What are the implications of the results?

CCKM’s Research Guide for Child Care Decision Making goes beyond descriptive analysis of the conditions of child care in Canada and in other nations. The Research Guide provides quantitative displays of data that connect the conditions of child care to children’s development. Decision makers can consider empirical research findings, summarised across 66 reports, in easy to interpret graphical and tabular form. They do not have to rely on opinions alone, single studies, or opinion-confirming evidence that often capture media attention and sound bites. The Research Guide gives decision makers a chance to view a large body of research results. It gives decision makers a way of drawing evidence-based conclusions.

CCKM made the evidence easy to access. It accomplished this goal through painstaking scrutiny of the results of 563 tests of 66 major international reports of nearly 28,000 children, many of whom were evaluated on more than one occasion. The children’s test scores led to the conclusion that the conditions of child care matter to early development. Conditions of child care matter most for cognitive and for language development.

The variance amongst the studies in national origin, methods, measures, analytic techniques strengthens the resounding conclusion: quality of child care matters to growth of children’s intellectual (cognitive) and communicative (language) achievements.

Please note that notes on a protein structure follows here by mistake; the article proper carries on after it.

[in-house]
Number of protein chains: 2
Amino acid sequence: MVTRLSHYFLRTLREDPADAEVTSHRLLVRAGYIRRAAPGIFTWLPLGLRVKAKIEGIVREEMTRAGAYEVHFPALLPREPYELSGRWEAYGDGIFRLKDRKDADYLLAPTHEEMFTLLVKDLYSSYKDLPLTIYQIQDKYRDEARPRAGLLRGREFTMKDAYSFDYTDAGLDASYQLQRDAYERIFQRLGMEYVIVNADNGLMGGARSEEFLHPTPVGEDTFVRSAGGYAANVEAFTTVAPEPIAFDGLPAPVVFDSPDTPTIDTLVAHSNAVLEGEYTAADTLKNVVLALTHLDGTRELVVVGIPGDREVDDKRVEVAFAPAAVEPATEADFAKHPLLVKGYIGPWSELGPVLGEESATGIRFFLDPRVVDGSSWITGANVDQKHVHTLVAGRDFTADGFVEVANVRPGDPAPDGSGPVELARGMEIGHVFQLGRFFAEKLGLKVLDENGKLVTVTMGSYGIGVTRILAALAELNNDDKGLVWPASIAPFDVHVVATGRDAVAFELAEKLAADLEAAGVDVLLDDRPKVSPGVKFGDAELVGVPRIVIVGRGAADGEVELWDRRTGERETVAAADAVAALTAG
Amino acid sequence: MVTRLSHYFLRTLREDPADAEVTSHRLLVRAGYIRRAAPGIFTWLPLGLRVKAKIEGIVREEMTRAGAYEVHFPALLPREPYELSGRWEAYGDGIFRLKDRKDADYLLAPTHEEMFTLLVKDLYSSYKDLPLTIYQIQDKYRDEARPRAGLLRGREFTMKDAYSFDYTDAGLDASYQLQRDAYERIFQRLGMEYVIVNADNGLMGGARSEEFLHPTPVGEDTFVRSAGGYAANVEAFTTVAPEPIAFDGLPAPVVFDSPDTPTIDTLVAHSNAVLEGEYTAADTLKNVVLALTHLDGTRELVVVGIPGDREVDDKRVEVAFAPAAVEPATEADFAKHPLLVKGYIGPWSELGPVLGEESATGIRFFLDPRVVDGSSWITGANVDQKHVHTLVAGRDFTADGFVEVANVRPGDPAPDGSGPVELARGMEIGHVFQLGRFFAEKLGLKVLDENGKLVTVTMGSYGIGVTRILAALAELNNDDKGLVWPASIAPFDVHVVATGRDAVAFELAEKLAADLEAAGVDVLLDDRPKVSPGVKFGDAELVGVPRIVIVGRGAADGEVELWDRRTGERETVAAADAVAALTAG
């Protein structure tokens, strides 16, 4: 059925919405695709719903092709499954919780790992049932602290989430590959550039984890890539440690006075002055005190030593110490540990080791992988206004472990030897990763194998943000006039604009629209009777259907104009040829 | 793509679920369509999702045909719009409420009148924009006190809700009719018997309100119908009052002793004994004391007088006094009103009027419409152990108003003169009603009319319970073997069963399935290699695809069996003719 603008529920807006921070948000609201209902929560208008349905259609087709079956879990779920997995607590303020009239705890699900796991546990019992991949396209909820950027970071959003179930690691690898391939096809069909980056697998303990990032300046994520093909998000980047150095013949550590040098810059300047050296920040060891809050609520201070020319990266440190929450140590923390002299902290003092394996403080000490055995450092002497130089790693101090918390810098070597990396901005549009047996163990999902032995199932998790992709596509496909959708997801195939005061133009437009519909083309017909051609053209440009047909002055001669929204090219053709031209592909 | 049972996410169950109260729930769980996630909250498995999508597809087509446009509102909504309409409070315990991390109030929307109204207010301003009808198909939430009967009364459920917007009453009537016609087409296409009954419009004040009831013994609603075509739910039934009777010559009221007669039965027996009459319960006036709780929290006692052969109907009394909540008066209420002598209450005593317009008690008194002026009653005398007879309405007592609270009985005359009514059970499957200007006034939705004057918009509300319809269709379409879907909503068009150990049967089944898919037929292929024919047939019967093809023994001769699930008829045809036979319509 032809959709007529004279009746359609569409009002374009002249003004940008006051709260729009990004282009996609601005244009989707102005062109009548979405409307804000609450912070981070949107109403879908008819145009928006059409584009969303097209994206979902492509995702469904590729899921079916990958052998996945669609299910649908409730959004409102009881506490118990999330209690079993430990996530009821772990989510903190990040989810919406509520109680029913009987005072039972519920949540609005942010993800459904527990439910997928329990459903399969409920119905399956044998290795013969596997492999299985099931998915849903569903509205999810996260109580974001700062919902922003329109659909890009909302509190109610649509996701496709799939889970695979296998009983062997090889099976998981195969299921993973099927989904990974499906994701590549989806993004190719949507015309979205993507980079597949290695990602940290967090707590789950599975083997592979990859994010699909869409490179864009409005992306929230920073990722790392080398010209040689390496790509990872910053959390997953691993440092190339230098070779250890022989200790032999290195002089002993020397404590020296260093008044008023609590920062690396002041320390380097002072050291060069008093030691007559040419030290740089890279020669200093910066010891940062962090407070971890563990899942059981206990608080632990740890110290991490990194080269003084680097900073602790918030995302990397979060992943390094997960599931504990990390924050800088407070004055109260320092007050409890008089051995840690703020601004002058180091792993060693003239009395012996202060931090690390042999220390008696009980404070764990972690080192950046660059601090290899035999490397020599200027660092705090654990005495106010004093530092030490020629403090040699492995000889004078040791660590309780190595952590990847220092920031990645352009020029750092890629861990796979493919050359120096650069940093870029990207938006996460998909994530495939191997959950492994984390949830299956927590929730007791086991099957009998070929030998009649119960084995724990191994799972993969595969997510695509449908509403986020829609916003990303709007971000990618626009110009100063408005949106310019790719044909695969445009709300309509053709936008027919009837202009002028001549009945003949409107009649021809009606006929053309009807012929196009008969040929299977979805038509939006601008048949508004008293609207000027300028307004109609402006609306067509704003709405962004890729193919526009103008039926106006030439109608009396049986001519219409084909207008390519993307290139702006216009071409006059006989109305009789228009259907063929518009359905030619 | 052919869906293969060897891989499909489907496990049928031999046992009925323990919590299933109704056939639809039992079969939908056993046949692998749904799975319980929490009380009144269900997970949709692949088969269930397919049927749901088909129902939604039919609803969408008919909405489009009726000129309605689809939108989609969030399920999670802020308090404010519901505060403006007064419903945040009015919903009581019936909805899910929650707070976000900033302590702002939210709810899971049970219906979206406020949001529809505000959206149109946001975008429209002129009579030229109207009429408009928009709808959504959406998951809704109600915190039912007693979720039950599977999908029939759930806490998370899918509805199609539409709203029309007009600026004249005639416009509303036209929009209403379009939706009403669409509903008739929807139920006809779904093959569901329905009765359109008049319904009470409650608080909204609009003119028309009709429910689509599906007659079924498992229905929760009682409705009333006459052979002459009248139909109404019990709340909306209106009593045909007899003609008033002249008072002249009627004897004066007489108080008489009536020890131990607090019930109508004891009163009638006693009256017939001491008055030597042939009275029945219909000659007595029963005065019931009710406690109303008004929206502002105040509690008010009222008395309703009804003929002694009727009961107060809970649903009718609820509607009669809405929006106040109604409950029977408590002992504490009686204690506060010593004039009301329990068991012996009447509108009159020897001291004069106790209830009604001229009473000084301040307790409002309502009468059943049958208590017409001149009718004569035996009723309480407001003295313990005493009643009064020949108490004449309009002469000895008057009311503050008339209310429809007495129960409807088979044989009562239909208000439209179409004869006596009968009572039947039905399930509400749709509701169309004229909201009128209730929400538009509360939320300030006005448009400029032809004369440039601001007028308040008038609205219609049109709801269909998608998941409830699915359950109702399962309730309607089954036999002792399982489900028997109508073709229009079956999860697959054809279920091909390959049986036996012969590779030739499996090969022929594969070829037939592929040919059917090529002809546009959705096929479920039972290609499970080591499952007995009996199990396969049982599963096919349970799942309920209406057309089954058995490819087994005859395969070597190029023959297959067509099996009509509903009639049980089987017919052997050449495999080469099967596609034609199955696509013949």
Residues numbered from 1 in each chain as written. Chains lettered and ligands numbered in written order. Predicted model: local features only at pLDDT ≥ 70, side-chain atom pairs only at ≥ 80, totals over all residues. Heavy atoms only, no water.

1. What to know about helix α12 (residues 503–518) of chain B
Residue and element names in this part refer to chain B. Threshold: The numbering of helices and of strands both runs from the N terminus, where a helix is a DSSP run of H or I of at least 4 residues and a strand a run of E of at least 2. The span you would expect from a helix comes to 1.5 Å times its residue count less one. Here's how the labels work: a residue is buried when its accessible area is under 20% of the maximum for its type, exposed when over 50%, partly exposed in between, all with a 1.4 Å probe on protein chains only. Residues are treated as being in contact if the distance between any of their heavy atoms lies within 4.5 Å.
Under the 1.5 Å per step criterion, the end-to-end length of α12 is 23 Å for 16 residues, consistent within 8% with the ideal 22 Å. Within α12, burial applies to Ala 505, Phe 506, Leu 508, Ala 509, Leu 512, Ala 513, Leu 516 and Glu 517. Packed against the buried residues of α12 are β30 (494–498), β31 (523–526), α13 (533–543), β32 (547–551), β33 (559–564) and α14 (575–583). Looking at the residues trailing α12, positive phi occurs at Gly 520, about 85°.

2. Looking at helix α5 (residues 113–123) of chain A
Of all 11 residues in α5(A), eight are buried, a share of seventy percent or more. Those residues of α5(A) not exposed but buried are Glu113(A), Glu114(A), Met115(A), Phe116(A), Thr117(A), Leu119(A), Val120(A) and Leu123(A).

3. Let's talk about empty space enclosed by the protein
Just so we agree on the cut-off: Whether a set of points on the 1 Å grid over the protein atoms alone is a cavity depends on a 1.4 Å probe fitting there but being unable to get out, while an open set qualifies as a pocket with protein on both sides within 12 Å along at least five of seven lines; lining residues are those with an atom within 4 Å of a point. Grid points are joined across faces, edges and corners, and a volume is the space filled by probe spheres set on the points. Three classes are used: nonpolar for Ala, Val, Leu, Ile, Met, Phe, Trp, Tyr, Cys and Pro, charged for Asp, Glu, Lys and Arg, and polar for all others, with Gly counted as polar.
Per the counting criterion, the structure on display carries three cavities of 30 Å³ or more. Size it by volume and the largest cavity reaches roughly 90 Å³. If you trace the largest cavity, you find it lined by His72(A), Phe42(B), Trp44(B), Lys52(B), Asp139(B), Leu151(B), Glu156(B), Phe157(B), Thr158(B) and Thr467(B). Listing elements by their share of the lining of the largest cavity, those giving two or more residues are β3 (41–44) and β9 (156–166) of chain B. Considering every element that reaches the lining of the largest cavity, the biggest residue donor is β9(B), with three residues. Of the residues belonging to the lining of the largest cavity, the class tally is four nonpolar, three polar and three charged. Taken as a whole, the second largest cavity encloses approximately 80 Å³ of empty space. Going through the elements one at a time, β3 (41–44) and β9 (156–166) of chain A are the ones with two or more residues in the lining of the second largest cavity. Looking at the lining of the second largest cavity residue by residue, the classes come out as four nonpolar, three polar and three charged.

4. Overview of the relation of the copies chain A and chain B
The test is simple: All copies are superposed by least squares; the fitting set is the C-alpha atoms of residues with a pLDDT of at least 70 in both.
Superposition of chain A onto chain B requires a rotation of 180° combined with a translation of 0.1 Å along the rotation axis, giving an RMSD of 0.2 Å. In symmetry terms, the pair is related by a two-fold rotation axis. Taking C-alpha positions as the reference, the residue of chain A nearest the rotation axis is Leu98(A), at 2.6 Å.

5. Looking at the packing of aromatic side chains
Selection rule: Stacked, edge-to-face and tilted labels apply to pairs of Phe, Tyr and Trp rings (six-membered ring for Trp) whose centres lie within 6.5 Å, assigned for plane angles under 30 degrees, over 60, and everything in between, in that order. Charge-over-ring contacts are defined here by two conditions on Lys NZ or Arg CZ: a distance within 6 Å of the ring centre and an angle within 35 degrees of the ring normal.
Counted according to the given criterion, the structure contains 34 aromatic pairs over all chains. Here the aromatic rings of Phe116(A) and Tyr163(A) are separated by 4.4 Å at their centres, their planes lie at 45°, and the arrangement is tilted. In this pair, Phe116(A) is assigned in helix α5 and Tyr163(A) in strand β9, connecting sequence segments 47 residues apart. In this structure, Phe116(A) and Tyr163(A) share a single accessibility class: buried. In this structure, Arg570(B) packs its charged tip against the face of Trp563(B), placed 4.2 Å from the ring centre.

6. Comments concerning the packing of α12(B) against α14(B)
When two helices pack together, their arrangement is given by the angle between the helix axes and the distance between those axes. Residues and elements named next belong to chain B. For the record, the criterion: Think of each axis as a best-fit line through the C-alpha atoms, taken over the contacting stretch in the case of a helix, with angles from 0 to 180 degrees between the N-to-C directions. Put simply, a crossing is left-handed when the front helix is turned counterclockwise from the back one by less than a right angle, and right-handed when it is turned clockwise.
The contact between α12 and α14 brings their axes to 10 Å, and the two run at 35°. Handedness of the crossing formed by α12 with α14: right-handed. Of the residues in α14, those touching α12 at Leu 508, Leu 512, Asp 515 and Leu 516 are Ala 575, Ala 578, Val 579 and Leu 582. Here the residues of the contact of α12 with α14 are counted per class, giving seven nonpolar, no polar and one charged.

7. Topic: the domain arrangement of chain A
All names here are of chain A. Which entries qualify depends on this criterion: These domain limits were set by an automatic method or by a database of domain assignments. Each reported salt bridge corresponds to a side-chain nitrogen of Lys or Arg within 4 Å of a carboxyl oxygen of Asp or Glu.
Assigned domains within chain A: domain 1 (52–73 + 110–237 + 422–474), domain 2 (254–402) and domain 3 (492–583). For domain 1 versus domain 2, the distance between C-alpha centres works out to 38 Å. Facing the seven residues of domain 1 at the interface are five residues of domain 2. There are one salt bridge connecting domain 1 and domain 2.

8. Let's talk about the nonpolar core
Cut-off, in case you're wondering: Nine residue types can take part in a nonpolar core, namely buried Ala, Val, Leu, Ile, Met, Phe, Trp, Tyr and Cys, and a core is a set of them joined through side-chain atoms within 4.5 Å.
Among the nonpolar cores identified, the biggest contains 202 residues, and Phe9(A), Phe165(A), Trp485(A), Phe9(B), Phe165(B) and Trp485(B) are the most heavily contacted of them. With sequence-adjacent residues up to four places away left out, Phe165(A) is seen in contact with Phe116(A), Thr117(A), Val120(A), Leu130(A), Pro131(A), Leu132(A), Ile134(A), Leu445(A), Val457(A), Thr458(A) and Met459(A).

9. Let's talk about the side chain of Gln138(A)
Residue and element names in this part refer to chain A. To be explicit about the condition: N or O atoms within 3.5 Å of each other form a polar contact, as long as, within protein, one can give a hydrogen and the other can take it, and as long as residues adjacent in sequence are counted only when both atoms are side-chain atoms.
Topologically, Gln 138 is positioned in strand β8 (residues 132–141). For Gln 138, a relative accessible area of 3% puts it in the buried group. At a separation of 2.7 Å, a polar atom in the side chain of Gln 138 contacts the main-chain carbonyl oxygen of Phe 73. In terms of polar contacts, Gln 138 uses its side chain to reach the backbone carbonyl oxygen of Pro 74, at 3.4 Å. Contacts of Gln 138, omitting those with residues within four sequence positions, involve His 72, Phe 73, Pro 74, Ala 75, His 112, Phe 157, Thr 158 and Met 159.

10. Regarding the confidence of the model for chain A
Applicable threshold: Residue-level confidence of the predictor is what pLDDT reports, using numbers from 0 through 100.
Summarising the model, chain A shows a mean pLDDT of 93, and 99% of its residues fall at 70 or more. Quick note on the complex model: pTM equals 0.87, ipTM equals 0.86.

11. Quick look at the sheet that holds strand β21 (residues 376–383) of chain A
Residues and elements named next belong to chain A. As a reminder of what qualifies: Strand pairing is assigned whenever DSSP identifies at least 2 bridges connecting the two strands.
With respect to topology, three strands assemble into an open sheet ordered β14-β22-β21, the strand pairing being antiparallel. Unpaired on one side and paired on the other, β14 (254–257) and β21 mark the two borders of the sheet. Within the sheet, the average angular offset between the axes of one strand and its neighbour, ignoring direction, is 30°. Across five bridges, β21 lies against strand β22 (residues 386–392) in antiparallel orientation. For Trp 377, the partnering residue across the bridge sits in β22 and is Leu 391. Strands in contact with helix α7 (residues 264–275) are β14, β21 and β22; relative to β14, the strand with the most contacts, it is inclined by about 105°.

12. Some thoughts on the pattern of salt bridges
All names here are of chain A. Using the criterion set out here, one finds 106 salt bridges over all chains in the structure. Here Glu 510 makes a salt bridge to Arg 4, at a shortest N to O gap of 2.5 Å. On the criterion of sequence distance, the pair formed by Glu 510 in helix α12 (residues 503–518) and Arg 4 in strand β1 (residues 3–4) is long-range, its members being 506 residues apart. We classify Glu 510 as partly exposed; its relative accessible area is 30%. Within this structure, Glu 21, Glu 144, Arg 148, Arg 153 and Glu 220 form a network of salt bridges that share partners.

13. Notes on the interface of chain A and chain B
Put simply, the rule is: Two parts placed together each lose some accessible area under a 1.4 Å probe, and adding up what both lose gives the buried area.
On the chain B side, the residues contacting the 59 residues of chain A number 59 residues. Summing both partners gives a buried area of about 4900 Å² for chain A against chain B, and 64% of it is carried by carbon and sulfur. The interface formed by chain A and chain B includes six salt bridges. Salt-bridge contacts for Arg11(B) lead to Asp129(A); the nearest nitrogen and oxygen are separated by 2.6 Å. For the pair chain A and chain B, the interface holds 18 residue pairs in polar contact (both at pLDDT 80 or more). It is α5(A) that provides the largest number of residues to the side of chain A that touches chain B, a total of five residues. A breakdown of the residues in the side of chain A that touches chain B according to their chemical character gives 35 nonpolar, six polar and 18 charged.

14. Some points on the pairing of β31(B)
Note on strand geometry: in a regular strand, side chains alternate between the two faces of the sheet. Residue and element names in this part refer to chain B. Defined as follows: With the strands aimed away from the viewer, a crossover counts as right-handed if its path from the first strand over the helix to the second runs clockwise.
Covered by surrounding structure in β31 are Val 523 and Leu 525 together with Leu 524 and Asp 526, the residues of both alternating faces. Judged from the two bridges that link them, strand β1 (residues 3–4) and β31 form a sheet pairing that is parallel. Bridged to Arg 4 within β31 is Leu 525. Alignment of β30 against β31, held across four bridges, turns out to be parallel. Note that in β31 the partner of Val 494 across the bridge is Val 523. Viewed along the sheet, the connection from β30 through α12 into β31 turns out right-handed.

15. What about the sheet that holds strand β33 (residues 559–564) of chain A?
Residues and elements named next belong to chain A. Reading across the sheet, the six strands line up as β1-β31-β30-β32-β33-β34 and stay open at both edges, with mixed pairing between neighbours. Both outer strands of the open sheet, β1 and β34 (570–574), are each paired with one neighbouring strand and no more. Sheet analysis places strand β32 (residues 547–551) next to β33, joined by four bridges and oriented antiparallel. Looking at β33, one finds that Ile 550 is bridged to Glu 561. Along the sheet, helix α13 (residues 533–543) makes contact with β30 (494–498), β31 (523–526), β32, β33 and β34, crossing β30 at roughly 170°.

The argument that children are better off in family homes than in child care centres is not supported by the evidence in the Research Guide. There is evidence to the contrary, but parents, teachers, and policy makers can take comfort in the notion that it is the quality of the care that matters most. That means that the quality of the child care setting (interactions, intellectual stimulation, learning materials, etc.) and the quality of the caregiver (education and training, professional development, emotional sensitivity, etc.) can and must meet the developmental needs of young children.

Fortunately, what is good in quality of child care has been identified by well-established criteria that have met tests of reliability and validity over the past twenty years or more. Descriptions of the conditions that give rise to good quality care are available in many sources including books, government documents, and the Internet. Decision makers can use these sources, many of which are described in CCKM’s Research Guide, to evaluate the conditions under which they place the responsibility for the early development of children.

    2006 © Canadian Centre for Knowledge Mobilisation